The drug war: where would Jesus stand? Who would Jesus jail?

There was a great story on Al-Jazeera America posted yesterday, regarding the push by faith leaders to end the war on drugs and establish more reasonable sentencing guidelines. The quote that ended the story hits home:

“We believe the greatest stimulus for the mass incarceration of our loved ones is the failed war on drugs that has spent billions and billions of dollars, and hundreds of thousands of lives, for primarily a public health issue,” said the Rev. Michael McBride, director of urban strategies at Lifelines to Healing in Berkeley, Calif. “Mass incarceration is the civil rights movement of our generation, and the faith community is at the forefront.”

Emphasis mine.

Let us remember the words of Matthew 25

34 … ‘Come, you who are blessed by my Father,inherit the kingdom prepared for you from the foundation of the world. 35 For I was hungry and you gave me food, I was thirsty and you gave me drink, I was a stranger and you welcomed me, 36 I was naked and you clothed me, I was sick and you visited me, I was in prison and you came to me.’

Jesus traveled with a diverse group of people, outcasts included. He told a crowd ready to stone an adulterer that if they looked deep within them, they would see their own hypocrisy. The New Testament emphasizes that no person is beneath redemption; a system that throws millions to rot in prison cannot be a just one. Yet today there are huge numbers of prisoners serving serious time, despite their crimes being small and non-violent.

When the decision comes, Jesus triumphed empathy towards prisoners, not condemnation. Those that rejected a religious duty not only damaged the prisoner that needed them, but also themselves.

It is good to see a diverse group of faith leaders come together to speak with a united voice. In some modern Christian circles there can be an undercurrent of hypocrisy- people who triumph life in one instance yet don’t find the injustice in war and capital punishment. Often I see pockets that seem more at home with the Old Testament than the New. I won’t generalize, it would be unfair of me; there are many who see the grave danger of mass incarceration, religious and non-religious.

Chart based on US Department of Justice statistics

I don’t believe in God, though I am a proud Unitarian Universalist, but I find great wisdom in the words and actions of Jesus. Often people put words in his mouth, use him like some use Martin Luther King Jr. to gain false credibility. There is a sense of power with this movement, that only comes when a group of people truly grasp the mission they need to embark on. There is not the sense of dissonance that accompanies some journeys, where the premise is twisted or unfair.

I’ve been involved in the prison reform movement for several years now- I founded reddit’s prison reform community (reddit.com/r/prisonreform) and marched during the hunger strike in California prisons that opposed solitary confinement The problem truly is massive, there needs to be a mass movement to counter it. Big problems demand big solutions. I’m glad to know there are religious leaders alongside other activists and the families affected by mandatory minimums, three strikes laws, and other policies that stuff existing prisons and demand the construction of new ones.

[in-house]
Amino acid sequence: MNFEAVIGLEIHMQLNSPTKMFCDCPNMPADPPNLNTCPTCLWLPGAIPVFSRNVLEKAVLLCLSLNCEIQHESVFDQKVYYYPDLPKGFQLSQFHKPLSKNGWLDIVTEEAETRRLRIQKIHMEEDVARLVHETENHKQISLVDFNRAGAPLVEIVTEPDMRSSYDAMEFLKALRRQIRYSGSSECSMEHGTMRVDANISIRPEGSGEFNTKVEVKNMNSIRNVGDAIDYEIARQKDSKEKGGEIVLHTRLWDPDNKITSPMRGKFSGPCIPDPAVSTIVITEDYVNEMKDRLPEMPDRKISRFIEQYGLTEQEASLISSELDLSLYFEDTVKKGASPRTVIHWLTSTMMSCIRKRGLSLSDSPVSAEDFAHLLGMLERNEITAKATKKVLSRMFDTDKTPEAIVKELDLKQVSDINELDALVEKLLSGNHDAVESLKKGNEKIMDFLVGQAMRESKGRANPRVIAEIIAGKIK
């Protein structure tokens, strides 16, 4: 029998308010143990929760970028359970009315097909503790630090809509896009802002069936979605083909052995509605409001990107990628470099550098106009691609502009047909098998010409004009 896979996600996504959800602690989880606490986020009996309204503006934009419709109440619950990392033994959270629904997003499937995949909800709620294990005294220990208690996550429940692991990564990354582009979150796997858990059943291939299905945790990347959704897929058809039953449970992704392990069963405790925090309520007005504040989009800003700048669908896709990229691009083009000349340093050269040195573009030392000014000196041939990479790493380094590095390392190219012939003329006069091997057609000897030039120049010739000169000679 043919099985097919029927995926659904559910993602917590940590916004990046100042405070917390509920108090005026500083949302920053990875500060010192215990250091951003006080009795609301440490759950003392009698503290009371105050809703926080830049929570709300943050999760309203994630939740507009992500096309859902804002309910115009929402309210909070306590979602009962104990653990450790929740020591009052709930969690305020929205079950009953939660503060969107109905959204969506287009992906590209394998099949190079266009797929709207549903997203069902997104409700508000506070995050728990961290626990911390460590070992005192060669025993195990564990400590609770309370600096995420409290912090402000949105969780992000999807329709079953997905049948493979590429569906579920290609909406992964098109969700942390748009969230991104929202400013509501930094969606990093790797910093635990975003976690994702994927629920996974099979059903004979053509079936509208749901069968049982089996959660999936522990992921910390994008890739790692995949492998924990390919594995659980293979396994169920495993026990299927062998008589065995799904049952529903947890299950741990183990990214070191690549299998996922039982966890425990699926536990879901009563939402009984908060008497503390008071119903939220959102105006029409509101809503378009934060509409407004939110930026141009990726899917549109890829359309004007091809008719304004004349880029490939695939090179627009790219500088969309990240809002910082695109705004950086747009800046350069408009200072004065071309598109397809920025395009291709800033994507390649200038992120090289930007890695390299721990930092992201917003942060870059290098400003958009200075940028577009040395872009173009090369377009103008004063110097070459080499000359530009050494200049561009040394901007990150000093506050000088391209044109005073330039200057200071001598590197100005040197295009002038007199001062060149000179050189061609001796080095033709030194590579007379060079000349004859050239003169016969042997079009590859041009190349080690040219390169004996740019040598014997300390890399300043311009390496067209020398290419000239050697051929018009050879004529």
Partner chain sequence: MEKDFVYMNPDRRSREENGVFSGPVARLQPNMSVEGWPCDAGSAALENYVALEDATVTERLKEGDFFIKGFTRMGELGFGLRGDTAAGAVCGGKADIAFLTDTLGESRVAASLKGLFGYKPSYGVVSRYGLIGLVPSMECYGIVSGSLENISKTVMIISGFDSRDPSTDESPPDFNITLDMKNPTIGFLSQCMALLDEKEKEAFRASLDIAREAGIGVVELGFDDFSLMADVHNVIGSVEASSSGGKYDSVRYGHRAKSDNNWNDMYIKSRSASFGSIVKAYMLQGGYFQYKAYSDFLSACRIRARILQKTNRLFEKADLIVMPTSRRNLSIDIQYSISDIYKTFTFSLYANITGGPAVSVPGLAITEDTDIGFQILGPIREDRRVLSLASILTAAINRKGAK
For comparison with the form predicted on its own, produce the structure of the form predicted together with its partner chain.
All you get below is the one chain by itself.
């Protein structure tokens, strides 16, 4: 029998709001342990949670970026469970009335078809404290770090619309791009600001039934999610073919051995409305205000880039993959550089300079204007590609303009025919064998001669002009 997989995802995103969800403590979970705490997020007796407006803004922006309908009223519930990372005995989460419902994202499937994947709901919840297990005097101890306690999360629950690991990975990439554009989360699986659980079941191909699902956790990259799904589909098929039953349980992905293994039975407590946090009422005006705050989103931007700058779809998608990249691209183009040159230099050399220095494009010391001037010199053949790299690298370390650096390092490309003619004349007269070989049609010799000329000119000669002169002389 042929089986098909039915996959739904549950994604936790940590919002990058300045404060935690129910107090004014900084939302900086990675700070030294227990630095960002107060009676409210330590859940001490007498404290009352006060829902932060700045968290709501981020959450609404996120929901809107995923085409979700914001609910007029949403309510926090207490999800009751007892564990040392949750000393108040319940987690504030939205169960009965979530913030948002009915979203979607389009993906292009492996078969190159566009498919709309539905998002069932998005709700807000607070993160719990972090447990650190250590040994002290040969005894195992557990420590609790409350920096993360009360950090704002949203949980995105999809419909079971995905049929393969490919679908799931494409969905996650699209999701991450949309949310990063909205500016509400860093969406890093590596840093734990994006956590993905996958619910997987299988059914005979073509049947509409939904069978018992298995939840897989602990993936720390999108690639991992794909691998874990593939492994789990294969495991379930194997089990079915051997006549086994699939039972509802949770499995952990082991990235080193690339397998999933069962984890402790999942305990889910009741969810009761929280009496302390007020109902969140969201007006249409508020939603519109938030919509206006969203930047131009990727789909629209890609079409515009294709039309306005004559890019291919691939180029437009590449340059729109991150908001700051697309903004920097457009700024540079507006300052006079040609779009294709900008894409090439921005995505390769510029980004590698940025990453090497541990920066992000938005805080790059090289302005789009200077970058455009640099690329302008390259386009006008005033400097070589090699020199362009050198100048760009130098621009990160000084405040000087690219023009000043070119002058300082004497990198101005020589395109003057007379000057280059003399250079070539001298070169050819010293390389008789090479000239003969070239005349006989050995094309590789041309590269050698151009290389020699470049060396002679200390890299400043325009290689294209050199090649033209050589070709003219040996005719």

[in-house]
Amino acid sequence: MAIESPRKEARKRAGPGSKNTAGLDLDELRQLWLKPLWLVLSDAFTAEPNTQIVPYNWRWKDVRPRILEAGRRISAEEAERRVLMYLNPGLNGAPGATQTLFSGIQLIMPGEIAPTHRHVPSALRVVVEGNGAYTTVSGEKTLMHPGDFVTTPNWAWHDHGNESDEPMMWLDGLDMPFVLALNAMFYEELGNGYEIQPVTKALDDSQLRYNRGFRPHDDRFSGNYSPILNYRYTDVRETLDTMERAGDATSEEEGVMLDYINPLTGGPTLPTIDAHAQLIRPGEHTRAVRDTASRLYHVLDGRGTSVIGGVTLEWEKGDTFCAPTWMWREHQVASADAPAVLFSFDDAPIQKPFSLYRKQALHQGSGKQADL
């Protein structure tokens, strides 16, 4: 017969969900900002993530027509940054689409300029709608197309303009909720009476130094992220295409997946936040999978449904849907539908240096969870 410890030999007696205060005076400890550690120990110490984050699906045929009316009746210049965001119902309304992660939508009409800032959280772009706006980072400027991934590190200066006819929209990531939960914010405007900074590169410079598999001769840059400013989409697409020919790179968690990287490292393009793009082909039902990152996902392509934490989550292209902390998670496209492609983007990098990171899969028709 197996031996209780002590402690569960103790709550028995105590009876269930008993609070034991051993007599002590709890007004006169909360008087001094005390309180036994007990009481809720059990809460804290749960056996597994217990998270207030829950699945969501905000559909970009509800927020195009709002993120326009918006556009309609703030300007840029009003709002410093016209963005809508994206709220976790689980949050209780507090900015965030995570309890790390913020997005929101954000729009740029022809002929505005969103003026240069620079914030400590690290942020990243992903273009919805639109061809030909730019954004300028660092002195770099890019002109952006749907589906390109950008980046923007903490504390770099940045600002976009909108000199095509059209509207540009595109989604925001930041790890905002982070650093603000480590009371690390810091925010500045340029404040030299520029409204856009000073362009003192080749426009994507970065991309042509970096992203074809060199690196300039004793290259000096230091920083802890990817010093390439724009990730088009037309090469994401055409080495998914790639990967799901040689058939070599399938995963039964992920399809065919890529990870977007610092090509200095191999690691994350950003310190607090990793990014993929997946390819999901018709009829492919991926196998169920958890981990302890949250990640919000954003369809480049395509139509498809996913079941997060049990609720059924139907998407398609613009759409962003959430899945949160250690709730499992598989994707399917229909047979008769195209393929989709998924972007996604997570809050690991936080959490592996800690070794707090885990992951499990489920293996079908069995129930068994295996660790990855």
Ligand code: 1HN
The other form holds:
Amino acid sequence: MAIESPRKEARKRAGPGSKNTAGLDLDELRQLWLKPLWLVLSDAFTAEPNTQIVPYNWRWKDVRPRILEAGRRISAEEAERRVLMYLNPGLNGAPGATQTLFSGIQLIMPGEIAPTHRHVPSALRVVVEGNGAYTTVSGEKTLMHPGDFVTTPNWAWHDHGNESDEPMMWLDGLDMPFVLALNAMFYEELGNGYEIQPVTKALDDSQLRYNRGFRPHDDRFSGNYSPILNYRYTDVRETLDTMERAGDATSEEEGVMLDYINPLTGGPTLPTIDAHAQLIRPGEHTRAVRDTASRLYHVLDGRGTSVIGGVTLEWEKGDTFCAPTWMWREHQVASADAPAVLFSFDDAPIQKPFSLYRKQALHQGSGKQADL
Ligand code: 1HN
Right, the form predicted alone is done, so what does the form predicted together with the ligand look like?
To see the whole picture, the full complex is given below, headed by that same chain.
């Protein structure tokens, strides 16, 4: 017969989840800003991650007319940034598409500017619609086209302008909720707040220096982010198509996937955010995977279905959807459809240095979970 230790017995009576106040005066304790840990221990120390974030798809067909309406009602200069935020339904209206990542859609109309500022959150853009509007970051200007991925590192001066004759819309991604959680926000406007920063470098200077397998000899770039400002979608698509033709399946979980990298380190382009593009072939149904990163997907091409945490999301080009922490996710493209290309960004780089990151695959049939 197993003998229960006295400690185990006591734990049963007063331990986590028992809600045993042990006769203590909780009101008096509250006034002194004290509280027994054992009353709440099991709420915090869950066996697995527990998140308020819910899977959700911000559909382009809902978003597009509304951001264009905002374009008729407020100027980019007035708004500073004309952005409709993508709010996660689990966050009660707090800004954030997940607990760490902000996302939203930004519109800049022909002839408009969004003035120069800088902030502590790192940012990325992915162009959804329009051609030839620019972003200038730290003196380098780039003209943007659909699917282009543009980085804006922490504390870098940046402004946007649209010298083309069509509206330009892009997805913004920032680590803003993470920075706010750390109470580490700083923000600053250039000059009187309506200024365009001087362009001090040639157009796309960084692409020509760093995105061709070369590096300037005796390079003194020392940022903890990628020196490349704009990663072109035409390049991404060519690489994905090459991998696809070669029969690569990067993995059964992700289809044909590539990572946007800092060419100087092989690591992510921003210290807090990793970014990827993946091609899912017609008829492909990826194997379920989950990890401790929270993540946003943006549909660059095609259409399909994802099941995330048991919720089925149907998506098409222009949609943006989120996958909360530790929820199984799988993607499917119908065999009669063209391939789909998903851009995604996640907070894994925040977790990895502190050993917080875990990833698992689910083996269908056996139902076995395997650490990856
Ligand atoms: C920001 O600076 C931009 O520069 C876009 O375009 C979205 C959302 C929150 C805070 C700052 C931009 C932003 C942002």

A carpenter’s death

In splendor
vivid, garish
it stands behind the altar
thirty feet tall
of exotic wood
shipped over from some dark jungle
that should be on the news
more often.

It is not the cross on which
a simple Palestinian
was laid to die.
His death was that of a humble
carpenter,
and the beams upon
which he cried out
were not a specimen of beauty.

Quite the opposite.

Jesus of Nazareth: the first occupier

In the present day, American politics has become deeply entangled confluence with materialist, grand-scale Protestantism. To great aggravation, Christianity has been tied not only to constitutional self-governance (as this recent best-selling painting shows in a way that strongly resembles parody), but the laissez-faire economic system that has segregated its people and eroded liberty over the past two centuries. It has been used to argue for capital punishment, and for centuries has been used to create the idea of “just war”

The issue is that Jesus was not a fan of exploitative commerce. In fact, he led the first occupation- he was the founder of Occupy Jerusalem. In the gospels, he enters the Temple of Jerusalem, where commerce has defiled the holy place. He takes those around him to task, and uses the popular support for his actions to defy authority.

On reaching Jerusalem, Jesus entered the temple area and began driving out those who were buying and selling there. He overturned the tables of the money changers and the benches of those selling doves (Mark 11:15)

Later Jesus calls the Temple he cleared a “den of robbers” (Mark 11:17)

 

Jesus occupies the Temple

 

We can all learn from the example of Jesus. The idea of commerce and profit-making entering a place of worship is cringe-worthy- and indeed I have a visceral reaction when I read about megachurches with cafés and merchandise stores. But even if you’re mostly secular like me- there is something that you think should not be messed with; something that must remain pure and not tainted by money. It could be anything from politics to college sports; from education to healthcare. You probably know of some money changers you’d like to drive out.

And that’s really what Occupy is all about. Driving away the money changers, and improving society rather than let profit dominate over people.